(Reuters) – Japan is considering expanding a controversial program that now offers workers from China and elsewhere permits to work for up to three years, as the world’s fastest-aging nation scrambles to plug gaps in a rapidly shrinking workforce.
Prime Minister Shinzo Abe’s Liberal Democratic Party on Tuesday submitted a proposal to let workers to stay for up to five years, relax hiring rules for employers and boost the number of jobs open to them.
Last Friday, Tozen GABA Workers Union took its first all day action against GABA’s threat to fire Tozen GABA Workers Union President Tyler Christensen.
We began at 6AM to leaflet GABA Shinagawa Learning Studio. We moved on to Gaba corporate HQ at 9AM. There as we handed out leaflets, GABA representative Satomi Odaka emerged from the building.
The union handed Mr. Odaka a notification of dispute, outlining the specific demands of our dispute. You can read about them here. Mr. Odaka responded by asking for our “road use permit,” which we don’t need, physically obstructing Case Officer Gerome Rothman and threatening to call the police.
GABA then took the step of calling the police in an attempt to shut down our protest. We explained to the police that we were conducting legitimate union activity. The police decided not to interfere.
We did a loud protest call with the megaphone, and concluded our action. After that, we filed a protest with the company demanding an apology for their obstruction of legitimate union activity. We demanded they follow the law and desist from interference with union activity.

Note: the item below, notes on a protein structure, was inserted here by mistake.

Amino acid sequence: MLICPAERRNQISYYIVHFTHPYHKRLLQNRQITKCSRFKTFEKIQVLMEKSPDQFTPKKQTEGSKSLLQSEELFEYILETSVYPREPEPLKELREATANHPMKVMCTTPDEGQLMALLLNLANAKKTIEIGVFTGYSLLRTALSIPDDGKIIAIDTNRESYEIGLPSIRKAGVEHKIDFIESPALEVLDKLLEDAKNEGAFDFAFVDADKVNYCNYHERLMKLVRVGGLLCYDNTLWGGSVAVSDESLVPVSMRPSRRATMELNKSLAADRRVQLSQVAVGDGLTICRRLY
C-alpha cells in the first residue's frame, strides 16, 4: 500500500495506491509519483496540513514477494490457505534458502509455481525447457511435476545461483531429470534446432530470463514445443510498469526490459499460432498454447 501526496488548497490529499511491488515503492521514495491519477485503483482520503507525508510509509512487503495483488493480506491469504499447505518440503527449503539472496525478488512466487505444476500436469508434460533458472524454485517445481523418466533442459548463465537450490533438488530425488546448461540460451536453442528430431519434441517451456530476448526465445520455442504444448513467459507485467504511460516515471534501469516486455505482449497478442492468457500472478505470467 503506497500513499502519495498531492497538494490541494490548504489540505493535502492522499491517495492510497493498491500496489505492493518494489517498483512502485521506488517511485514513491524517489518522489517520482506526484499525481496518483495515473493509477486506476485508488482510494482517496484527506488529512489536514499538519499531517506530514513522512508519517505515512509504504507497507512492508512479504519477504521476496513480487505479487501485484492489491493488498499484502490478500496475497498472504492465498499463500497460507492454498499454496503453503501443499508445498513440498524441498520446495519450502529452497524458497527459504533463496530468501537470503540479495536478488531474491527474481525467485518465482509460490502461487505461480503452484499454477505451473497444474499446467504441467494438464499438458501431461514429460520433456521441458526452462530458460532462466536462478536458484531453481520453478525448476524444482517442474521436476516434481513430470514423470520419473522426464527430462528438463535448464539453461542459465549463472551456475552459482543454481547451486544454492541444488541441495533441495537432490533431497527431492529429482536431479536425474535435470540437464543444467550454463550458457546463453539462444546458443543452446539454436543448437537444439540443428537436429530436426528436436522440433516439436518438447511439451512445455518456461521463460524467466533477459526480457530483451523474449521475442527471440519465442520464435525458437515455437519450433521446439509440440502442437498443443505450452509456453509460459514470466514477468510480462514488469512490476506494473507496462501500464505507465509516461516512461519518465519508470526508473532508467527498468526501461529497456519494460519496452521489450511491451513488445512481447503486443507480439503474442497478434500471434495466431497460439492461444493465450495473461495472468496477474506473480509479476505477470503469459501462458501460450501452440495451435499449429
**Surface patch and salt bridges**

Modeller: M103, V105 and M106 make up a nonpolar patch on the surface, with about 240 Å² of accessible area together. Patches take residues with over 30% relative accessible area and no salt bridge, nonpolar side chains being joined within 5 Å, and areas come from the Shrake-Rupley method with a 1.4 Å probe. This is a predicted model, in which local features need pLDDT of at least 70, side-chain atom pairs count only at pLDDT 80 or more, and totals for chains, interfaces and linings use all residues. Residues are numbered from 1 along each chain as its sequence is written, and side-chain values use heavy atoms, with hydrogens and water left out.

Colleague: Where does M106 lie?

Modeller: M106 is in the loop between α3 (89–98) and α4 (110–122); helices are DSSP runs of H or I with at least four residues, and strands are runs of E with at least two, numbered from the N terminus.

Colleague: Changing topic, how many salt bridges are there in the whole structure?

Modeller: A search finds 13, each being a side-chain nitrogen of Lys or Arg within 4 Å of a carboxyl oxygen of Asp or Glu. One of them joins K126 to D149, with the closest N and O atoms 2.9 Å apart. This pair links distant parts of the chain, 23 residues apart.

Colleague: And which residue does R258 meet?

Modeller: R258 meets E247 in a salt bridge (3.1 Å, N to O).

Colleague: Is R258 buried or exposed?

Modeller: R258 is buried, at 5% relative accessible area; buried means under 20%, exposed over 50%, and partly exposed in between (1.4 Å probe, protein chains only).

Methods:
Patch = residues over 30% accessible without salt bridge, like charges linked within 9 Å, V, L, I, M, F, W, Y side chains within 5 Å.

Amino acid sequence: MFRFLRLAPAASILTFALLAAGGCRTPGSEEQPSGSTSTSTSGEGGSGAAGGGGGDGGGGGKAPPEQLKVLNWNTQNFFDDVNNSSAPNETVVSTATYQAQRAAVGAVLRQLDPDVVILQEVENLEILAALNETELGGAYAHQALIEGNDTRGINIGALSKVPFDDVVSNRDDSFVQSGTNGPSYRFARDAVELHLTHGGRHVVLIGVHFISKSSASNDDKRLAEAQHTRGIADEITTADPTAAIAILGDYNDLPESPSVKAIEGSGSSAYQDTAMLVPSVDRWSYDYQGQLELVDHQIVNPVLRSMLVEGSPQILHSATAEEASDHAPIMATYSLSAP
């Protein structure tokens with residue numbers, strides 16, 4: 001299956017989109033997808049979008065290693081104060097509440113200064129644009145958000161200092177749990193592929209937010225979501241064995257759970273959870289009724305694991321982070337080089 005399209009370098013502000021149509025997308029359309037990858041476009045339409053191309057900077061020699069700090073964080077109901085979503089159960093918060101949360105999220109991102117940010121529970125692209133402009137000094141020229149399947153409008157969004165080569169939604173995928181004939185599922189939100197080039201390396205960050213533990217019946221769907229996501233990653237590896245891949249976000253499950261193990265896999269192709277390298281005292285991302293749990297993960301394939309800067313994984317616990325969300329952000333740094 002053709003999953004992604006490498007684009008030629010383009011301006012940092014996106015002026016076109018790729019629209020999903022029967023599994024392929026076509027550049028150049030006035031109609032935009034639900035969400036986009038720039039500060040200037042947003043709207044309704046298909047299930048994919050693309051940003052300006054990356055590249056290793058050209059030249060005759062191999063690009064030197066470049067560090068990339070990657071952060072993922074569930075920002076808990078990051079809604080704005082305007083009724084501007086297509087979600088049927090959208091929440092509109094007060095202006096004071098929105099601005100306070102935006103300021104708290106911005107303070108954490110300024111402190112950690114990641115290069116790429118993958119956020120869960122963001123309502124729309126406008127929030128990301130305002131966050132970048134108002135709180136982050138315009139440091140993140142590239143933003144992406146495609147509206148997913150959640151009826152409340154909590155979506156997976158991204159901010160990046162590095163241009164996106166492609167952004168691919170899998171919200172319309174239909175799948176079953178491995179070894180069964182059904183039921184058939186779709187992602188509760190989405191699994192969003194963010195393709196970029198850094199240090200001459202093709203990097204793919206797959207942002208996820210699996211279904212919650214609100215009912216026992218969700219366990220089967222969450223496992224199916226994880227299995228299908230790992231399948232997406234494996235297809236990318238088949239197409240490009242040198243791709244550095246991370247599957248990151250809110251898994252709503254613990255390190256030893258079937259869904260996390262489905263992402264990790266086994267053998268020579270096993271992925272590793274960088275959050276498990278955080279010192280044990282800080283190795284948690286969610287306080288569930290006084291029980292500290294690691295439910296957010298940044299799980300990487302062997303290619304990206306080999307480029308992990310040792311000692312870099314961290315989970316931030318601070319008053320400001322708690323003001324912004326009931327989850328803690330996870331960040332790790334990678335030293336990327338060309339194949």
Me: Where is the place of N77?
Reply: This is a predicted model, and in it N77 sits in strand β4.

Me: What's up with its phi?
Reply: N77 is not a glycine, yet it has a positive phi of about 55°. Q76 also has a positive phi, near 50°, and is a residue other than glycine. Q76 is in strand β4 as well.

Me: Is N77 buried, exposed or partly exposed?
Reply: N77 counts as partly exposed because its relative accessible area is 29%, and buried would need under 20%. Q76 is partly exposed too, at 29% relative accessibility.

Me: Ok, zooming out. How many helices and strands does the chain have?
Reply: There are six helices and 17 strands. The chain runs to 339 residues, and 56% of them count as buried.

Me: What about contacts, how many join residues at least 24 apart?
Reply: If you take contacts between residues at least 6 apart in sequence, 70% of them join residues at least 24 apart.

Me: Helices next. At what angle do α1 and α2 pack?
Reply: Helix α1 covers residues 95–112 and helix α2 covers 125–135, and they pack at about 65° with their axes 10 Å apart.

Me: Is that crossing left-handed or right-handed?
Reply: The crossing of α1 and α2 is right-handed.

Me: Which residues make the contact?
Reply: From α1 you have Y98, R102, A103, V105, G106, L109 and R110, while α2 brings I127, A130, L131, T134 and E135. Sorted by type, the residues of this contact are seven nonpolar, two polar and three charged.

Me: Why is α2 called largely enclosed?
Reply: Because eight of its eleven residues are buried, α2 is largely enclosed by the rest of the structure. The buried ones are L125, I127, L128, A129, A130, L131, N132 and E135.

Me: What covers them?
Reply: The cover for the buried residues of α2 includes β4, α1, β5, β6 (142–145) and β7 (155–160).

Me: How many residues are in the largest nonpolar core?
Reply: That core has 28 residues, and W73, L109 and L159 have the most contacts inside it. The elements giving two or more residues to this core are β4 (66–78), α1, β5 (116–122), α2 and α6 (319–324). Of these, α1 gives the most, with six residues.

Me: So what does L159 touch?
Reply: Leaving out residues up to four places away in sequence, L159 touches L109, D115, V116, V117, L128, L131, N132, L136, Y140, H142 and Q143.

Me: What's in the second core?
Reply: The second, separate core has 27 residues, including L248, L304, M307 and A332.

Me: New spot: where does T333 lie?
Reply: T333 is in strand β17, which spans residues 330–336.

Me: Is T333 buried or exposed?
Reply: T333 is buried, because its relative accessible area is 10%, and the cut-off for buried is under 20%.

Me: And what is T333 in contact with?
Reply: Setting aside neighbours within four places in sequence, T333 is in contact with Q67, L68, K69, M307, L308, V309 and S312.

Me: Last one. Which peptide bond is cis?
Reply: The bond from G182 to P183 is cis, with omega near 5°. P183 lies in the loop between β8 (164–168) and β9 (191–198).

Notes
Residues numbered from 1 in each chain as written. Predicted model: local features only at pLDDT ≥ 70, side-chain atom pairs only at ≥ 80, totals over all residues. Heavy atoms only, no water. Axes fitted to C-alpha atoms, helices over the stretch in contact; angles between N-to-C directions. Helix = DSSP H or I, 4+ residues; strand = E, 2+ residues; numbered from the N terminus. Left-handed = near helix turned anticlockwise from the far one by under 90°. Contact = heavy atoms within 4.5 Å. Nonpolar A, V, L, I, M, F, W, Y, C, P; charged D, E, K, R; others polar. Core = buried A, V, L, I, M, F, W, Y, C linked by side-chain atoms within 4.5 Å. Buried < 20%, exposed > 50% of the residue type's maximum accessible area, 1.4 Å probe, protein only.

Tozen went to Yokohama Learning Studio, where Tyler works. During leafleting, Tyler spoke directly to his colleagues, sharing his story and drawing their support. He also took to the megaphone in an appeal to GABA management, asking them to “Let me do my job.”
GABA members and Tozen supporters wrapped up their protest at the end of the GABA work day, in Chiba. We leafleted at the Chiba Learning Studio.
Our first protest against GABA spanned 2 prefectures and the Tokyo Metropolis, 3 Learning Studios, and GABA HQ. We confronted a hostile management, and meaningfully engaged with sympathetic members of the GABA community.
We would love to think that a marathon fourteen hours of protesting GABA’s stubbornness will mean the end of our struggle for Tyler. We know, however, this is just the very beginning.
We need your help.
Tozen will not back down when its members are threatened with unfair discipline and attacks on their rights as workers. Tozen knows that all workers in Japan have the right to join a union, negotiate with management, and take collective action to improve their working conditions.
Join our fight. Let’s make GABA better for everybody.
Matahara: turning the clock back on women’s rights
‘Maternity harassment‘ concept coined amid reports of bullying over pregnancy at work
BY HIFUMI OKUNUKI
“When I told my company I was pregnant, they fired me.”
“I was delighted to be hired by a company I loved. Then my boss made me promise not to get pregnant for a while.”
In last October’s Labor Pains, I discussed maternal job rights in “Labor law protects expectant and new mothers — to a point.” Today, I would like to address a new legal concept known as “maternity harassment,” or matahara, in the syllabic acronym engendered by this growing — and disturbing — trend.